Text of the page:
In the second quarter, GDP declined 0.2% over the same period last year, according to data released by the statistical institute on 17 August. The reading contrasted both the 0.4% expansion observed in the first quarter as well as market expectations, which had anticipated the economy would expand 0.4%. The quarterly contraction was mainly driven by a decline in gross fixed investment, which fell 5.2% year-on-year (Q1: -10.2% yoy). In addition, private consumption expanded a meagre 0.8% over the same quarter last year, nearly half of the 1.4% increase recorded in Q1. On the external side of the economy, both exports and imports eased the pace of contraction compared with the previous quarter. Exports of goods and services declined 2.0% (Q1: -3.3% yoy), while imports fell 3.7% over the same quarter a year ago (Q1: -6.9% yoy). As a result, the net contribution from the external sector to overall growth deteriorated from +1.6 percentage points in the first quarter to +0.6 percentage points in the second. Seasonally adjusted data, however, do not corroborate the contraction suggested by the annual figures, as GDP expanded 0.85% over the previous period, which followed the 0.38% increase recorded in Q1. The government recently downgraded its economic outlook and now sees GDP expanding 1.7% this year, down from a previous 3.0% projection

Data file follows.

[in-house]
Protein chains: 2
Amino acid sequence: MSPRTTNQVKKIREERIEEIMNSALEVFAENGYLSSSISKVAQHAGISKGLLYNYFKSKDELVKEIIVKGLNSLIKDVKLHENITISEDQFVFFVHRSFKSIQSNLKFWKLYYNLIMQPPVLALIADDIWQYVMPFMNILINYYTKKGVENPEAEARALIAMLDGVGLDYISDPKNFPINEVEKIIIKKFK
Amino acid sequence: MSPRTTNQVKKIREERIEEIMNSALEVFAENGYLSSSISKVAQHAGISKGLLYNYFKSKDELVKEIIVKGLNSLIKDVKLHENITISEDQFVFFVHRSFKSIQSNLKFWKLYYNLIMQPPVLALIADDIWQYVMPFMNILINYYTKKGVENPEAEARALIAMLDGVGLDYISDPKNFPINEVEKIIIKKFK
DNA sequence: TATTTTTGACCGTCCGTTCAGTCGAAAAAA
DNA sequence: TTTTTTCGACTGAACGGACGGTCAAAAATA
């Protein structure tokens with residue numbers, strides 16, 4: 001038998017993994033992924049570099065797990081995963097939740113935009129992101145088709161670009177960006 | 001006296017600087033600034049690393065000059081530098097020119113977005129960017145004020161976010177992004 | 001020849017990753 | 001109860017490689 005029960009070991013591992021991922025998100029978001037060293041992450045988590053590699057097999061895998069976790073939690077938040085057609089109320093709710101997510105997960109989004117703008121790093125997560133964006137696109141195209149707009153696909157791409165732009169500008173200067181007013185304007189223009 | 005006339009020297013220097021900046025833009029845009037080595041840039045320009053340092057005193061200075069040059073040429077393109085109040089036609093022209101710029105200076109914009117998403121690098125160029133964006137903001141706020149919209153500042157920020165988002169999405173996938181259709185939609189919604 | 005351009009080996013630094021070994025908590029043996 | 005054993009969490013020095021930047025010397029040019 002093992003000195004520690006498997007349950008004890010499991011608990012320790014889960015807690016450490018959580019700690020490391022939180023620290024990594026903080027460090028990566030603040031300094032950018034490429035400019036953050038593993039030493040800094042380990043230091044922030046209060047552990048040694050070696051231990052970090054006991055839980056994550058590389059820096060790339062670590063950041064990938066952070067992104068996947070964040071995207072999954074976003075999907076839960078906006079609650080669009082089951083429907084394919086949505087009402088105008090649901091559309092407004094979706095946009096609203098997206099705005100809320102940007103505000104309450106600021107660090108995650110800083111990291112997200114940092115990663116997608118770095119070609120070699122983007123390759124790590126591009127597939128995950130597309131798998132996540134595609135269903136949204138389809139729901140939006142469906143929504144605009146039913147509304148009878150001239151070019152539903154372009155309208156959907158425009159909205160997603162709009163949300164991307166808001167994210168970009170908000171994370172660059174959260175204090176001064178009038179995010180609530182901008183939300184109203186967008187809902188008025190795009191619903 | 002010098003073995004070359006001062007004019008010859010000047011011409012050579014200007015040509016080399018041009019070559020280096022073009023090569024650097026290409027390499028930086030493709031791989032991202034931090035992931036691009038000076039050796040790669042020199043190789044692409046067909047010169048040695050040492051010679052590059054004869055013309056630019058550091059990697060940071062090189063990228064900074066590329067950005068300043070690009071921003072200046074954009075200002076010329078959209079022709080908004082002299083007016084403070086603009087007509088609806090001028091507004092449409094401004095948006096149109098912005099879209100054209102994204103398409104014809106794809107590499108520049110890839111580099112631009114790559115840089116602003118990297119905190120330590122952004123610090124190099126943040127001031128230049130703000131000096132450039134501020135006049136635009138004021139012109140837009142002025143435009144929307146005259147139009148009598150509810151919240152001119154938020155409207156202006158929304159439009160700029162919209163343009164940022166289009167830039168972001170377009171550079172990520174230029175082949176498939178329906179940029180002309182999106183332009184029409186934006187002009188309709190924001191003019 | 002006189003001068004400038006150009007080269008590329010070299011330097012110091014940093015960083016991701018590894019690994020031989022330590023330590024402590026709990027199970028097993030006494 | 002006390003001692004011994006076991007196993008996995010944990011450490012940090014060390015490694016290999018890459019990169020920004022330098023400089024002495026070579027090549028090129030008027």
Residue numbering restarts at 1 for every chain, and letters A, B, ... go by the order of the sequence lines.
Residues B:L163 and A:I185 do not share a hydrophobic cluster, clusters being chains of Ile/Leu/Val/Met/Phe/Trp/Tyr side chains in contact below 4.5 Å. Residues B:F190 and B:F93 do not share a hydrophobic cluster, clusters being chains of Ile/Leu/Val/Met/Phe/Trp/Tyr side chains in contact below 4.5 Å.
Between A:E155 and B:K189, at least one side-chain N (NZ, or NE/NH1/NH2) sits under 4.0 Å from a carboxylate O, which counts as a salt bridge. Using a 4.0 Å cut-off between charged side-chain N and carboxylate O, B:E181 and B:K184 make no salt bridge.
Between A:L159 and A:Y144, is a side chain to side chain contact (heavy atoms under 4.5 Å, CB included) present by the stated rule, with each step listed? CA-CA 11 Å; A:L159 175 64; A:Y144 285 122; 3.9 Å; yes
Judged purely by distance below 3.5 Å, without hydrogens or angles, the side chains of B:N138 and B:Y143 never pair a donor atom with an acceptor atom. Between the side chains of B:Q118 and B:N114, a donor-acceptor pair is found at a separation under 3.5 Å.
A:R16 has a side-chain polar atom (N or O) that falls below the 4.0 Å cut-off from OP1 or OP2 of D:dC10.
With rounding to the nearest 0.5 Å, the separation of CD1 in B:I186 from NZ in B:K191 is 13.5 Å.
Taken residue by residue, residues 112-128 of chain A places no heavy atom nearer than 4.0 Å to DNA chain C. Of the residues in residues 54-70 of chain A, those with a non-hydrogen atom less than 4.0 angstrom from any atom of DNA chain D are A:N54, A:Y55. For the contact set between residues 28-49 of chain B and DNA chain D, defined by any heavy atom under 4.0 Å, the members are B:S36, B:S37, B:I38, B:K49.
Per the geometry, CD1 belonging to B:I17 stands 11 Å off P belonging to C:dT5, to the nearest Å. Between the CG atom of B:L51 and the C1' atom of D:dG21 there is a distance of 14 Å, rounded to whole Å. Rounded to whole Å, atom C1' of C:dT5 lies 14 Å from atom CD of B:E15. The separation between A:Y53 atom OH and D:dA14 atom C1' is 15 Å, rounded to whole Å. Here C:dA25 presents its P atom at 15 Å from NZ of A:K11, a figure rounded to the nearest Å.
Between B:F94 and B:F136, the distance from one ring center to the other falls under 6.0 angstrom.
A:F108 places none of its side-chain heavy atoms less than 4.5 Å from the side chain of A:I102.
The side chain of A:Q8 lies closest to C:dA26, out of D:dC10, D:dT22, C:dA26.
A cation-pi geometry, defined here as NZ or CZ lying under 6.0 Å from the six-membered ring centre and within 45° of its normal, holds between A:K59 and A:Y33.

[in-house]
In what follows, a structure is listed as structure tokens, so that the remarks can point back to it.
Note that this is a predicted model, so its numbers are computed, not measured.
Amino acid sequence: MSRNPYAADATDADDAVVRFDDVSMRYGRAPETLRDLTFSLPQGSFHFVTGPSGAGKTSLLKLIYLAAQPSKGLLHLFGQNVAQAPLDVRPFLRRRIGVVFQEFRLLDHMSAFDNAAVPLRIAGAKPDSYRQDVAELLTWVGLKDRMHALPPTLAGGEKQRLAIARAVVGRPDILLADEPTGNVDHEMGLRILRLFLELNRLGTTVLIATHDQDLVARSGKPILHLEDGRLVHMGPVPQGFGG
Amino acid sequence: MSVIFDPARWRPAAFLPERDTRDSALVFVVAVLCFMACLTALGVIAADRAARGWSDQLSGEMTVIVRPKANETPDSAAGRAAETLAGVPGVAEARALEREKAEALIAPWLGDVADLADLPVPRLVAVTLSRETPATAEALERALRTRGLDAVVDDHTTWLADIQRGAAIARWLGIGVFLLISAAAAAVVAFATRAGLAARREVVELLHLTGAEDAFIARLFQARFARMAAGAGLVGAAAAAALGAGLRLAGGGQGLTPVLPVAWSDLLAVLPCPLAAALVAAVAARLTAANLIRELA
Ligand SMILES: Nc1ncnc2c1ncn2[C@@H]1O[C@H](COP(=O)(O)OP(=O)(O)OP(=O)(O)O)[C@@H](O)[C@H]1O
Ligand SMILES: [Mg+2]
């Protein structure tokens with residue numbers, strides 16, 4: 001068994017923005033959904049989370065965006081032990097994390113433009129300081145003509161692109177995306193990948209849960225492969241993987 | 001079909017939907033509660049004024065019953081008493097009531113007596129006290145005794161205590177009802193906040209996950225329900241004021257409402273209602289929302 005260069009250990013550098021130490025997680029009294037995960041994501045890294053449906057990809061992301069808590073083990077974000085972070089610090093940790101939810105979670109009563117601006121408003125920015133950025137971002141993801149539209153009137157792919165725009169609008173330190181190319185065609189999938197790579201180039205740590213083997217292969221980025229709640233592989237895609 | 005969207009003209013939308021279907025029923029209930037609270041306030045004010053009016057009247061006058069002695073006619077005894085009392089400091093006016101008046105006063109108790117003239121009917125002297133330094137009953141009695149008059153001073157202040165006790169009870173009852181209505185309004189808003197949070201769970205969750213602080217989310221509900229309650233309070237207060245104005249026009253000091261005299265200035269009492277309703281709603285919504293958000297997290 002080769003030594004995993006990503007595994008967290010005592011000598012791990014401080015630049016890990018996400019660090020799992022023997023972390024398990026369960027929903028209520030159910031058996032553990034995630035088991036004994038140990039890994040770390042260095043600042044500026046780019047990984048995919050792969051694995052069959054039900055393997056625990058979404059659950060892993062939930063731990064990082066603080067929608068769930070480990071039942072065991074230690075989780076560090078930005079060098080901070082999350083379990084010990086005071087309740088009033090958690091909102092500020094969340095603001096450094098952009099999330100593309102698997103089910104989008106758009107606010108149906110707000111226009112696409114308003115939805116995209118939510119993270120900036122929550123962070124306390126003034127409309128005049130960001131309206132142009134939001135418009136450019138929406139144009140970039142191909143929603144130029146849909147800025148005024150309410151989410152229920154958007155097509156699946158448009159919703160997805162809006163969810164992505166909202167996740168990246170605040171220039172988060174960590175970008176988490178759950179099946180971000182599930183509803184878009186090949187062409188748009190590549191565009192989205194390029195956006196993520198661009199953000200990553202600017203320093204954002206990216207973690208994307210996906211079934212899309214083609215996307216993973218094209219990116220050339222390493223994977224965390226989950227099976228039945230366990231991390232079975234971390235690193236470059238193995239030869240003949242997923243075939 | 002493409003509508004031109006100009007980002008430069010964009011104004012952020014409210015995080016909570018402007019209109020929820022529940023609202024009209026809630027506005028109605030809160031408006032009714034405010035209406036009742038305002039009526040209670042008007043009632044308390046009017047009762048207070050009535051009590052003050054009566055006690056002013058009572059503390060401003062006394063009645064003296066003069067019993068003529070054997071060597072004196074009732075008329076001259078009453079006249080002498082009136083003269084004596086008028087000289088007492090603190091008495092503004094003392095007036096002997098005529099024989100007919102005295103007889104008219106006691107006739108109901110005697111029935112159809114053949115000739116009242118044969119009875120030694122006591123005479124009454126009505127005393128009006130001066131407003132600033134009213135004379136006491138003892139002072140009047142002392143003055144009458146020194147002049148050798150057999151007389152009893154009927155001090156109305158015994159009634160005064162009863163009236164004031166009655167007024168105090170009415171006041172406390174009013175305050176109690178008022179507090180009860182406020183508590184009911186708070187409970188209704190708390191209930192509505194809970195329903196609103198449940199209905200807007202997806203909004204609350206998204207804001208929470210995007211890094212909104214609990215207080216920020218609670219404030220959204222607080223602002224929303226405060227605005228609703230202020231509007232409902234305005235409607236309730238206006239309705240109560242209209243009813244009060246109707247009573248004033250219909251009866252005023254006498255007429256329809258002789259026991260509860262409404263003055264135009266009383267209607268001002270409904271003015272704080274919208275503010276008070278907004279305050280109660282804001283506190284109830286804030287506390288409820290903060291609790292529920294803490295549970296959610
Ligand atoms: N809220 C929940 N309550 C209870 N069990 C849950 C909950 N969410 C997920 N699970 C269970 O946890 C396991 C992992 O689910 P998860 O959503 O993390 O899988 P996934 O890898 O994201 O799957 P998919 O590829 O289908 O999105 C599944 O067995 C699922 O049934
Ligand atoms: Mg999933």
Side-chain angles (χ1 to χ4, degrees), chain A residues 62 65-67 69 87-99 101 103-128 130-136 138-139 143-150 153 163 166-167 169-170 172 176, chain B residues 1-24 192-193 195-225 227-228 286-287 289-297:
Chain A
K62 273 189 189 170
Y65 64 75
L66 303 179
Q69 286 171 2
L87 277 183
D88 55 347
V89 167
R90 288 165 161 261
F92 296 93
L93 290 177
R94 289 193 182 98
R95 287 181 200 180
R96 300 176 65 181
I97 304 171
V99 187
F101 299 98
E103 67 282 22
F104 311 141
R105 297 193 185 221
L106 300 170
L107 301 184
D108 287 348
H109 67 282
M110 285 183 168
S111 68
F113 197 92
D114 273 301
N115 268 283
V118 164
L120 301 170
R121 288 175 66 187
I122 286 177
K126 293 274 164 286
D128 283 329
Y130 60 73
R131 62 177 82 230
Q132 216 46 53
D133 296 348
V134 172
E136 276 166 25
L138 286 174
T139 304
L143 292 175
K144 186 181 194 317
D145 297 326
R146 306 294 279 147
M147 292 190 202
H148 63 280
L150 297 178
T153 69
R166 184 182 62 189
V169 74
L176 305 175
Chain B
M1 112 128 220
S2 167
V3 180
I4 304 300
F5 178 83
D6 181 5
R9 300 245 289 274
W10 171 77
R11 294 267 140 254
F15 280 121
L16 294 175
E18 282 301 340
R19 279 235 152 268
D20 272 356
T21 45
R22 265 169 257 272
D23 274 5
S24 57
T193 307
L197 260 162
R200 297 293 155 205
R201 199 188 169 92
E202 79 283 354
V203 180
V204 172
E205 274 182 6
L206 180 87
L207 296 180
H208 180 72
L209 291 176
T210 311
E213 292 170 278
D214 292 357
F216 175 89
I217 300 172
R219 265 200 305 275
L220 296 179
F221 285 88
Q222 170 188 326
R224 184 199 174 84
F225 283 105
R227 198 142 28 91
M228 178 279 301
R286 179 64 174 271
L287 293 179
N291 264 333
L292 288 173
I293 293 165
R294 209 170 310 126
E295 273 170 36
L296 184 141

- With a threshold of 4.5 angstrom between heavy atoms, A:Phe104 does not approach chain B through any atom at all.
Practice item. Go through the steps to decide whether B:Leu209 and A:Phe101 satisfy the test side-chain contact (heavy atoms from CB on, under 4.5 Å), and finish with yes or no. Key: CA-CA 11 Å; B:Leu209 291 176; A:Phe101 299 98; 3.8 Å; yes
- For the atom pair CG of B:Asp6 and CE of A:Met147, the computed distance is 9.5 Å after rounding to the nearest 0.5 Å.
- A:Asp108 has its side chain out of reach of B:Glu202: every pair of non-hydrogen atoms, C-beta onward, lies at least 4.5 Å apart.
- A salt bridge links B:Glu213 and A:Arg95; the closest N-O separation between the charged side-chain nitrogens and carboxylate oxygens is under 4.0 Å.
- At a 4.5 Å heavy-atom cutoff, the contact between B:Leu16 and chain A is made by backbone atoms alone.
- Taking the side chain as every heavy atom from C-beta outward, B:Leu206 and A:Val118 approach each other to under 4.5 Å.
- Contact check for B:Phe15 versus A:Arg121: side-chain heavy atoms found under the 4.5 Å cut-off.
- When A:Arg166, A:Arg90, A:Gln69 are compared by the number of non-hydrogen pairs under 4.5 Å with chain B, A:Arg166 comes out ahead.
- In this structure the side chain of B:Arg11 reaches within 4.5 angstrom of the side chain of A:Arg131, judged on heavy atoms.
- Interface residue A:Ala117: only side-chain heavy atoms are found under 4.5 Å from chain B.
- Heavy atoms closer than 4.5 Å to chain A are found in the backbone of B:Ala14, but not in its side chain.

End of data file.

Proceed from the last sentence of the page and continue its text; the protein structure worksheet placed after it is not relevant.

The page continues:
Economy contracts unexpectedly in Q2
August 24, 2012
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Taiwan GDP Chart
Note: Year-on-year changes of GDP in %.
Source: Directorate-General of Budget, Accounting and Statistics and FocusEconomics Consensus Forecast.
Taiwan Economic News
October 9, 2016
In September, the trade surplus totaled USD 4.4 billion, according to data from the Ministry of Finance.
October 5, 2016
In September, consumer prices increased 0.45% over the previous month, which was a rebound from the 0.03% fall recorded in August.
October 3, 2016
Taiwanese manufacturers registered better business conditions for the fourth consecutive month in September.
September 29, 2016
At its quarterly monetary policy meeting on 29 September, the Central Bank of the Republic of China (Taiwan) decided to leave the discount rate unchanged at 1.375%, which was a decision that markets had expected, although some analysts had foreseen a further reduction to the key policy rate. The Central Bank has cut the main monetary policy rate four times since September 2015 by a total of 50 basis points and this time the authority decided to leave interest rates unchanged “against a back drop of moderate global growth and renewed momentum for the domestic economy, along with a mild inflation outlook for next year.” Regarding global developments and how they affect the Taiwanese economy, the Central Bank stated that the global economy continues to decelerate as a result of slower economic growth in the U.S., a still tepid recovery in the Eurozone economy and sluggish economic activity in Japan.
September 27, 2016
Taiwan’s industrial output increased substantially in August, backed by a base effect but also due to strong growth in semiconductor manufacturers’ output, which benefited from the debut of Apple’s latest iPhone model.